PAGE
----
A couple walk into a lift, only to be confronted with one man strangling another – a horrific experience for anyone, but a striking reality in the current world of film prankvertising. This example is the advertising campaign for Dead Man Down (2013), just one of the many films that uses the video of a staged prank and the reactions of supposedly innocent victims to promote its release. Relying on shock value to go viral and convey its advertising message across the web, the film prankvert is the newest form of viral film marketing. Since late 2013, its popularity has risen to new heights, though box-office figures of films marketed through prankvertising, and ethical concerns around the treatment of unknowing participants, signal that the phenomenon may be short-lived.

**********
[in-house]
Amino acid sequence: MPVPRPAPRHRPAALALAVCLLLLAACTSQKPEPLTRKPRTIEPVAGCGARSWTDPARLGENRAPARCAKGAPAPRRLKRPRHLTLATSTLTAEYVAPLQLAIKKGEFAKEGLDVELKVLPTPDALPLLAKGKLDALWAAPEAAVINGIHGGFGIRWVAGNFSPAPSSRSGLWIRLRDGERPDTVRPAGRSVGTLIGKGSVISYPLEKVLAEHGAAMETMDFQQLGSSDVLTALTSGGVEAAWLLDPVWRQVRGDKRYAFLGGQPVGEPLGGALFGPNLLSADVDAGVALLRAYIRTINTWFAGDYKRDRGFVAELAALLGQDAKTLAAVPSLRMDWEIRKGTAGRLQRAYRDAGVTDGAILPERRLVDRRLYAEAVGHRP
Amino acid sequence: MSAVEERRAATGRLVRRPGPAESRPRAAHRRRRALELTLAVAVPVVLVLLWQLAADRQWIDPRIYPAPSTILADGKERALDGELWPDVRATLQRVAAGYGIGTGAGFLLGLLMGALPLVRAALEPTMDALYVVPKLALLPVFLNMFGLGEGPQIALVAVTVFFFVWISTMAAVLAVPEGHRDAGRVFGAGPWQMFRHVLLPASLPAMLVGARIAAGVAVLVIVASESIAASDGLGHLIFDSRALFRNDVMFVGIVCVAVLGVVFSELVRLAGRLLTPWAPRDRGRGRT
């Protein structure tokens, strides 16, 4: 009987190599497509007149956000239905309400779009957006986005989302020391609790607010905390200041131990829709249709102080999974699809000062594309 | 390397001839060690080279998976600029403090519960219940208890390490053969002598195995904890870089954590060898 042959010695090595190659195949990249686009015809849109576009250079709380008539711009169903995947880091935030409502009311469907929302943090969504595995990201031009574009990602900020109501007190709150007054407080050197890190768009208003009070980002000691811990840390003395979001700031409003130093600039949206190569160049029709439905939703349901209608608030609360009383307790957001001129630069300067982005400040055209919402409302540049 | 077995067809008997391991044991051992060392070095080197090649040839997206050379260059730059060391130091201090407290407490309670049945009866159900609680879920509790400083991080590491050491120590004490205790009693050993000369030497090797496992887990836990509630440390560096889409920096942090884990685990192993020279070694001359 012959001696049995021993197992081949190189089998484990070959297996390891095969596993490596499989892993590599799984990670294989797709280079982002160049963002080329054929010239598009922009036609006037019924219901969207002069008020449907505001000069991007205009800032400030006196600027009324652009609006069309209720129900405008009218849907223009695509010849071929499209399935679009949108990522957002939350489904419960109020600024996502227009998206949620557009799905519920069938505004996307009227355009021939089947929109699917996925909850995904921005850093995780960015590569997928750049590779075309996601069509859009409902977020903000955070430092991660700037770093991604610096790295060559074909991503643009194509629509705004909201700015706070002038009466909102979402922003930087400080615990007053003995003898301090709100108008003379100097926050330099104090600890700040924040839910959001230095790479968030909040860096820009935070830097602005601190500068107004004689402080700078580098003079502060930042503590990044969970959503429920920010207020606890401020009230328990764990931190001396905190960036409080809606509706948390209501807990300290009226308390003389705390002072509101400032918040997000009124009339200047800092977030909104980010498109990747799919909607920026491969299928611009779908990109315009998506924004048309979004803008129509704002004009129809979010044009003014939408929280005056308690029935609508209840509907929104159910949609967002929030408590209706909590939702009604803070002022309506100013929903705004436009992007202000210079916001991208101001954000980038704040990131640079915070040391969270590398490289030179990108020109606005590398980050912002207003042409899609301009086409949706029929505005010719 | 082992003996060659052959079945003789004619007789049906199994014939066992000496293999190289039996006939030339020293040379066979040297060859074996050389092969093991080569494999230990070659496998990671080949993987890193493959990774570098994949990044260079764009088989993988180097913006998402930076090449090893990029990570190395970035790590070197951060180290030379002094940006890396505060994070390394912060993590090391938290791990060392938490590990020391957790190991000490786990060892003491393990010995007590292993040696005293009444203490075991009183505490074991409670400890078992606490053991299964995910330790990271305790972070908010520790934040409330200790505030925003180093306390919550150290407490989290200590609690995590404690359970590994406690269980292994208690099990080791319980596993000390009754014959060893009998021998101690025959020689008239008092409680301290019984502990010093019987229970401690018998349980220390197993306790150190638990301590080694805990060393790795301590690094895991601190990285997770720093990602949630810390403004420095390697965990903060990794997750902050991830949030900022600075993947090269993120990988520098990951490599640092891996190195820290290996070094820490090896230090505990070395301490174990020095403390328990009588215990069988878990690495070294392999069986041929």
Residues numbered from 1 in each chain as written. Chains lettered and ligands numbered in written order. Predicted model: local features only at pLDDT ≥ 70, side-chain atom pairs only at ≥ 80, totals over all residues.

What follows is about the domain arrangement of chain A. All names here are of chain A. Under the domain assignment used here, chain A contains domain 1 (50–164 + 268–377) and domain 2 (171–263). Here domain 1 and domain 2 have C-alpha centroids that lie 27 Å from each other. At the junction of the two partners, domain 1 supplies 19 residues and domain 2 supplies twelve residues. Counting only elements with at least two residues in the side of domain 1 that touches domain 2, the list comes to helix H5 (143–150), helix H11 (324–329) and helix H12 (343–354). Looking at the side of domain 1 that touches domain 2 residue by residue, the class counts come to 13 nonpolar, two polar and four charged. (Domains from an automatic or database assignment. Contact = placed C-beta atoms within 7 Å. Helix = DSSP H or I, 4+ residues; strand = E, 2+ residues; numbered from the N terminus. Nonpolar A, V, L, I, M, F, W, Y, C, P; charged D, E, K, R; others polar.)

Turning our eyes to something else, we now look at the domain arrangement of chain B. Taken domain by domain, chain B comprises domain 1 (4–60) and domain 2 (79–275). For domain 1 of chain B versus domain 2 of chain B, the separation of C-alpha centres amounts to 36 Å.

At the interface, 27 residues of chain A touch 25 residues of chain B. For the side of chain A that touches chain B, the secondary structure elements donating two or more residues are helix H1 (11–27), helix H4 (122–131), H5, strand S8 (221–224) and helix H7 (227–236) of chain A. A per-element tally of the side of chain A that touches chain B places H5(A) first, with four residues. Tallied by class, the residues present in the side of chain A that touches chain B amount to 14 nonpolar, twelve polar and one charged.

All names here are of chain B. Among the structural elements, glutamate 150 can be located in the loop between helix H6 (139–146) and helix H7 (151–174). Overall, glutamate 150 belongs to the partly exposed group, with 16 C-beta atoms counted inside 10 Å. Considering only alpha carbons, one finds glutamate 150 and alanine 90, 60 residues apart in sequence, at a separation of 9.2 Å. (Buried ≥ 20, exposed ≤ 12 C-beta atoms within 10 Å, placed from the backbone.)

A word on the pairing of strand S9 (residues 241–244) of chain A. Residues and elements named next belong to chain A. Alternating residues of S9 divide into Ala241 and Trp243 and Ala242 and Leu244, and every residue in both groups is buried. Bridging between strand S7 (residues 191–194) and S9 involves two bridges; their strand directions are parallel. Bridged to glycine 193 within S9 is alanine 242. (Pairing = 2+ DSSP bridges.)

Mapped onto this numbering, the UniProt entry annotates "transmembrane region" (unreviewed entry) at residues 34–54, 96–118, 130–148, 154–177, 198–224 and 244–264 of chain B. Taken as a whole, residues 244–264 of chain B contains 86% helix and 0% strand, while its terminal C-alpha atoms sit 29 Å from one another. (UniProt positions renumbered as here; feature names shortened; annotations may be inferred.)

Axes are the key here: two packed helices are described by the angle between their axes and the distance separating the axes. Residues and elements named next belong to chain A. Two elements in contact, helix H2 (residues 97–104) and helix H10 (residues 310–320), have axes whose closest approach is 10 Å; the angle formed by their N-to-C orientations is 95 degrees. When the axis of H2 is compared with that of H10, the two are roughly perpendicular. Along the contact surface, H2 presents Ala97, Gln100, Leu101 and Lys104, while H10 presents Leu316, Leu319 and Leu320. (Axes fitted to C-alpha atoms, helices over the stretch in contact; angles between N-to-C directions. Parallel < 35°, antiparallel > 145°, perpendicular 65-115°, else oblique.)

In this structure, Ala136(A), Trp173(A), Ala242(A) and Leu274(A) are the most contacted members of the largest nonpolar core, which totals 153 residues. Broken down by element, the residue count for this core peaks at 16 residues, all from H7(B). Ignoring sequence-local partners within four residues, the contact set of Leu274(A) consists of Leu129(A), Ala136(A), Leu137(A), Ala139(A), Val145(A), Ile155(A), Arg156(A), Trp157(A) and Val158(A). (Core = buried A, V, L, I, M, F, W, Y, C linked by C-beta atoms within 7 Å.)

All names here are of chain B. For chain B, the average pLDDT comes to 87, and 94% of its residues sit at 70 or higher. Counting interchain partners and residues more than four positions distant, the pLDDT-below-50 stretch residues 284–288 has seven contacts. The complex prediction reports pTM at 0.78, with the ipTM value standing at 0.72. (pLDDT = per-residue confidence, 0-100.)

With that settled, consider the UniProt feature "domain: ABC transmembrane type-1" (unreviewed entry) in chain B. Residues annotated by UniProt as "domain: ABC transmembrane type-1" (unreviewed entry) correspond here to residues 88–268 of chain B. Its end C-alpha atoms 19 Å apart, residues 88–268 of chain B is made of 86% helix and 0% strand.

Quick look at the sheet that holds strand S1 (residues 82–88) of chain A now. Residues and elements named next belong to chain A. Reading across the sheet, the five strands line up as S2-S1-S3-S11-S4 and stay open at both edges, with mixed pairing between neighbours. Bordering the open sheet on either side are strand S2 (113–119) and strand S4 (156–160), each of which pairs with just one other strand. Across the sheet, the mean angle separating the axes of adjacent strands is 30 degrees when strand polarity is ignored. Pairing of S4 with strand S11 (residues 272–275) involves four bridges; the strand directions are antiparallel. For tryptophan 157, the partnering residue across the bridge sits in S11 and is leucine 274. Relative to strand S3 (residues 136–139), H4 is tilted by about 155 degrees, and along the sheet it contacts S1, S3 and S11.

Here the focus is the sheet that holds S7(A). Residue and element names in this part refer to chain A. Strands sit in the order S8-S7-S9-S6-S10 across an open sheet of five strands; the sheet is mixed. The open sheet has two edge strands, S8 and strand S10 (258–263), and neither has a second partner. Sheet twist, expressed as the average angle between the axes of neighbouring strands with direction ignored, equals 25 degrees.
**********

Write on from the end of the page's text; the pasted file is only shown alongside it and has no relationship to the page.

Viral advertising for cinema is not new, the best-known example being the campaign released to promote The Blair Witch Project (1999). With a dedicated website, a series of low-budget trailers and mysterious messages posted on forums, this campaign’s claim to detail a true story caused it to be heralded as “the most inventive, terrifying and successful campaign in film history” (Davidson). In such a strategy, the advertiser plays on the consumer’s willingness to believe that what they see and hear is true. This instils a sense of authenticity as information about the film is spread across the web by virtual word of mouth. Indeed, by the time a similar video-based campaign was used to great success for Cloverfield (2008) viral film advertising had become central to film marketing in general. With a “30-second commercial during peak television times” costing up to $600,000 and trailers costing “upwards of $250,000” (Drake 71), the free advertising that a viral campaign gains from millions of YouTube hits and coverage of the phenomenon by mainstream media outlets such as Good Morning America (as with Carrie (2012)) and NBC (Devil’s Due (2013)), ensure that this method is one of the most cost-effective way of reaching consumers.